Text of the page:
Students question food safety practices at UCLA dining halls
Students with dietary restrictions expressed concerns about some dining halls’ food labels, citing inaccurate allergen and dietary restriction information. (Courtesy of Aditya Sundaram)
Oct. 31, 2021 11:41 p.m.
This post was updated Nov. 3 at 9:20 p.m.
Students are raising concerns about unsafe food practices in dining halls following incidents involving undercooked poultry and inaccurate dietary restriction and ingredient labels.
Since the return to campus for fall quarter, students have flooded back into the dining halls, some of which had been closed since 2020. Meanwhile, a staffing shortage has limited the operations of UCLA Dining and left one dining hall closed.
Several students have expressed worry about food safety at some dining halls.
Alex Wazzan, a third-year computer science student, was eating orange chicken at De Neve dining hall Tuesday when he cut a large piece open to find it was undercooked, he said.
“I got a knife, cut (the piece) in half, and the entire center was just dark pink, which was pretty disgusting,” he said.
Wazzan had seen another student make a post about the same issue with the De Neve dish in the UCLA subreddit, he said, and decided to upload his own photo to the site. Other users responded to his post in agreement on the issue and expressed their own concerns as well.
“Given how many students go to these dining halls and how long the orange chicken line was when I got there, if every single dish looks like that, then there could definitely be some concerns,” Wazzan said.
Guests are encouraged to submit any concerns they may have to the Dine and Dish portal or to speak with the manager at the affected location to help UCLA Dining promptly and efficiently resolve issues, UCLA Dining said in an emailed statement.
“Our on-campus dining program serves roughly 30,000 meals daily and we strive to make everyone’s dining experience a positive one,” UCLA Dining added in the statement. “We are sorry that we fell short in these instances.”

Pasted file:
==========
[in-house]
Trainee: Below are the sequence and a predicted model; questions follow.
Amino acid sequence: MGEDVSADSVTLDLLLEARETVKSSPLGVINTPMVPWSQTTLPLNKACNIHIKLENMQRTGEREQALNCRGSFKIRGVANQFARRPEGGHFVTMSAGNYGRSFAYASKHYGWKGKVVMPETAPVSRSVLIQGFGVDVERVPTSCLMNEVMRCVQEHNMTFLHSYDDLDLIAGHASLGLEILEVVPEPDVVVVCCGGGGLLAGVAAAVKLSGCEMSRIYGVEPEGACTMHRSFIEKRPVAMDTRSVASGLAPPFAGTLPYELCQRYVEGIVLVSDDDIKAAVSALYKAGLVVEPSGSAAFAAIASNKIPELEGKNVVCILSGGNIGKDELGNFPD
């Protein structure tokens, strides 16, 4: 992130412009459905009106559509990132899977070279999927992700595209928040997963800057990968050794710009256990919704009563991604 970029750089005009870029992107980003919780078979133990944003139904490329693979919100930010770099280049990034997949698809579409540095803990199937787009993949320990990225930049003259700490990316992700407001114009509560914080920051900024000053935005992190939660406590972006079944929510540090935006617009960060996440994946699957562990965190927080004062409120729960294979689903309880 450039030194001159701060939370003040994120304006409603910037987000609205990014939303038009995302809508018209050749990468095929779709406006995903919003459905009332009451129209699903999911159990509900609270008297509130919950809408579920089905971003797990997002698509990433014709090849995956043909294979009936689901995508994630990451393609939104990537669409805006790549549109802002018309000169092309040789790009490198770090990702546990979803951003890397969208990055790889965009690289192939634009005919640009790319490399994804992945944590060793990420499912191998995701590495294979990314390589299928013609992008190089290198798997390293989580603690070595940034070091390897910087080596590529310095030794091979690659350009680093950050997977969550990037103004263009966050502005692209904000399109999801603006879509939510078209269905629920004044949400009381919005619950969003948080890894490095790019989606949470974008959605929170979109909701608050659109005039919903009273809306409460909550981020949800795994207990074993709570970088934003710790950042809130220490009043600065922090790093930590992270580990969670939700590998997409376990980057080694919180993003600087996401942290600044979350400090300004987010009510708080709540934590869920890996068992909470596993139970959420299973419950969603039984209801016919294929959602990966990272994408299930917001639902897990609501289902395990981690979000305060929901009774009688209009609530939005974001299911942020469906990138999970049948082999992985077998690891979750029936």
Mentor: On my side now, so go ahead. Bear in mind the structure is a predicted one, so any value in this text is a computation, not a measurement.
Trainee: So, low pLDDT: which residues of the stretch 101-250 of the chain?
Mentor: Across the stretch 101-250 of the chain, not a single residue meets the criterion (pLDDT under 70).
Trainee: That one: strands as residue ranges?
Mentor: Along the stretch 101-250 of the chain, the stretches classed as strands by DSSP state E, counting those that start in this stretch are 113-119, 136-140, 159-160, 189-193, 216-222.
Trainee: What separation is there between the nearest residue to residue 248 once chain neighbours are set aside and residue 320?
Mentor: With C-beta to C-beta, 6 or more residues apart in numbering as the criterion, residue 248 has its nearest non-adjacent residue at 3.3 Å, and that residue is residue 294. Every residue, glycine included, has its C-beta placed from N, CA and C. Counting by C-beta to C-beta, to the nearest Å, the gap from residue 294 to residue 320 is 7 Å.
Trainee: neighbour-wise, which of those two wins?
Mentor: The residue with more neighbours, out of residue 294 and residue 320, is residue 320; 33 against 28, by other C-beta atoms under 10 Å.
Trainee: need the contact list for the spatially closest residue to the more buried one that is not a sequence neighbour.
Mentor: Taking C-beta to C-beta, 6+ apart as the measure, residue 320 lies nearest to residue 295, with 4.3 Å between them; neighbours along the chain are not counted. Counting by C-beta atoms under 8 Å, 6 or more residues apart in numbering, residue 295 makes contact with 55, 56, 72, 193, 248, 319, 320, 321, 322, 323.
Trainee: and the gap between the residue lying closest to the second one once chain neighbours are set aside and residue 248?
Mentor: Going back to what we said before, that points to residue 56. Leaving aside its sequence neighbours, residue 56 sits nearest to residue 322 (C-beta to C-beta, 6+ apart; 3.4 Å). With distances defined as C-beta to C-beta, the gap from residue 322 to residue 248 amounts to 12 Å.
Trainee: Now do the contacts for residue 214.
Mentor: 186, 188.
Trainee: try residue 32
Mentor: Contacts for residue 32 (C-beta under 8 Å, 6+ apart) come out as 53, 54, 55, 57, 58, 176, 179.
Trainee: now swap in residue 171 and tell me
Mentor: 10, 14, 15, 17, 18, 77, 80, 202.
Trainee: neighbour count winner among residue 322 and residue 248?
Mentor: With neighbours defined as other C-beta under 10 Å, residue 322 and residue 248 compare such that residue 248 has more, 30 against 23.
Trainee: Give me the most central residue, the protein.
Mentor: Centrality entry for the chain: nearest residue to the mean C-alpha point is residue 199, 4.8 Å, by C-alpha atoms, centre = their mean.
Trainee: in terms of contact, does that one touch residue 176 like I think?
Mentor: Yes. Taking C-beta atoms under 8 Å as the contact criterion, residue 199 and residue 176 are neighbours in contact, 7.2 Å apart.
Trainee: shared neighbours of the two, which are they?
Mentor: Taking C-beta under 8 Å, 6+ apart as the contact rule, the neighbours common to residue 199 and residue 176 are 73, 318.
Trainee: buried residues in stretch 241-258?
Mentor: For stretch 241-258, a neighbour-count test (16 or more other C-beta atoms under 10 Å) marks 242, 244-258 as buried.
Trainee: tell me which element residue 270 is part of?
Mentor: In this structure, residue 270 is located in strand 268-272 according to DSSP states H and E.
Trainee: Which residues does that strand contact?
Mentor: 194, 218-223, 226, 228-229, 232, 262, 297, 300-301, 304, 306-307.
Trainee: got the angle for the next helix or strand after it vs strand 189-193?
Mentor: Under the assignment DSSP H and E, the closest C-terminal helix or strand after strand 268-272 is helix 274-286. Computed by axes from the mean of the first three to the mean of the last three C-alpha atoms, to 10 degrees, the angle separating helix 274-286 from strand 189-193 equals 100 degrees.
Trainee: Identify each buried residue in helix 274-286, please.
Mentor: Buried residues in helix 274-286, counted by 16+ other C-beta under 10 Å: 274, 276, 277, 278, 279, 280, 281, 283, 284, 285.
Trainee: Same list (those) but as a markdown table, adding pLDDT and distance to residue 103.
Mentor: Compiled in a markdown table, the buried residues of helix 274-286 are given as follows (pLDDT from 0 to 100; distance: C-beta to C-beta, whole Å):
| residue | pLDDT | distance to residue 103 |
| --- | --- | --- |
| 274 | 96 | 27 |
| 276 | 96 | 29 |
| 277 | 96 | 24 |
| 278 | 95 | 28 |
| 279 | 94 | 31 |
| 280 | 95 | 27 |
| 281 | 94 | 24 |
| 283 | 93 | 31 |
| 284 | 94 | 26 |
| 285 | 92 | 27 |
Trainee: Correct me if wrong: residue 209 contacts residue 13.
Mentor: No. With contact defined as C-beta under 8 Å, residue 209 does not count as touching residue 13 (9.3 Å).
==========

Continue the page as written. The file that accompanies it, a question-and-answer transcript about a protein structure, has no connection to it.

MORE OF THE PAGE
Wazzan said although he did not feel sick from what he ate, he was concerned when he realized the problem.
“I know the chances of anything happening are pretty low, but it made me wonder what all the other pieces that they’re handing out are like and whether every student is getting similar food,” he added.
Wazzan said the experience has caused him to avoid De Neve dining hall.
Other students said the dietary restriction and ingredient labeling on foods in some dining halls were sometimes inaccurate.
Aditya Sundaram, a second-year computational and systems biology student, said he is vegetarian and checks food labels before he decides what to eat.
Sundaram was in Epicuria when he noticed a sign that mislabeled a salmon dish as vegan and vegetarian, he said.
Sundaram said he alerted his resident assistant at Hedrick Summit and submitted a photo he took of the inaccurate labels.
“I saw the herb salmon pasta, but then it had like halal, gluten-free, with wheat, shellfish and literally every single possible label at the same time,” Sundaram said. “I took a picture of it, and it cracks me up, but at the same time, it was kind of like, ‘Well, I don’t know what it has anymore.’”
Sundaram later encountered a similar issue at Rendezvous, he added. Sundaram said he was ordering soup as part of a meal that was labeled vegan when he saw the online ingredient list included fish.
Mislabeling meat products as vegan or vegetarian may cause distress to some individuals, Sundaram said.
“It could be very harmful mentally … if it doesn’t do anything physically,” he said. “I feel like it’s not a difficult problem to address either.”
Nikolai Haines, a second-year bioengineering student, said he nearly had an allergic reaction due to mislabeling in the dining halls. Haines said he has a life-threatening peanut allergy and keeps track of allergen information in dining hall foods.
Earlier this year, Haines ate food from a dining hall carrying a warning for potential allergens. Although he did not have a medical emergency, it was unclear whether the label’s wording meant that the food included peanuts or was prepared in a kitchen that processes peanuts, leaving him worried, Haines said.
Another time, Haines said he read a cookie’s allergen information card in De Neve and took it to his table, believing it to be safe to eat because the label did not list peanuts as an allergen.
“‘I was like, ‘OK, I’ll go ahead and grab some of those,’ and then I sat down, and just to double check, I checked (the) online menu and boom, it said peanuts,” he said. “I didn’t know which one was right, so I just had to throw it away.”
Like Wazzan, Haines shared his experience on the UCLA community on Reddit and found other users who said they had the same issue in the dining halls.
He now checks both in-person and online menus and picks through his food to ensure it is peanut-free, Haines added.
“For example, plain chicken – I thought would be completely harmless, and then I go and take a look at the online menu, and it says peanuts. So I assume it has peanut oil, but it’s hard to just look at it and tell,” he said.
Haines said that although his experiences with allergen labeling in the dining halls had made him hesitant to try new foods there, they are some of his only food options on campus.
“Unfortunately, I don’t see much of a solution except more attention to detail, and even when I ask servers or people that work in the dining departments, they’re really unsure what’s actually in the food,” Haines said. “Just more precision to detail would be probably the only solution that I can see so far.”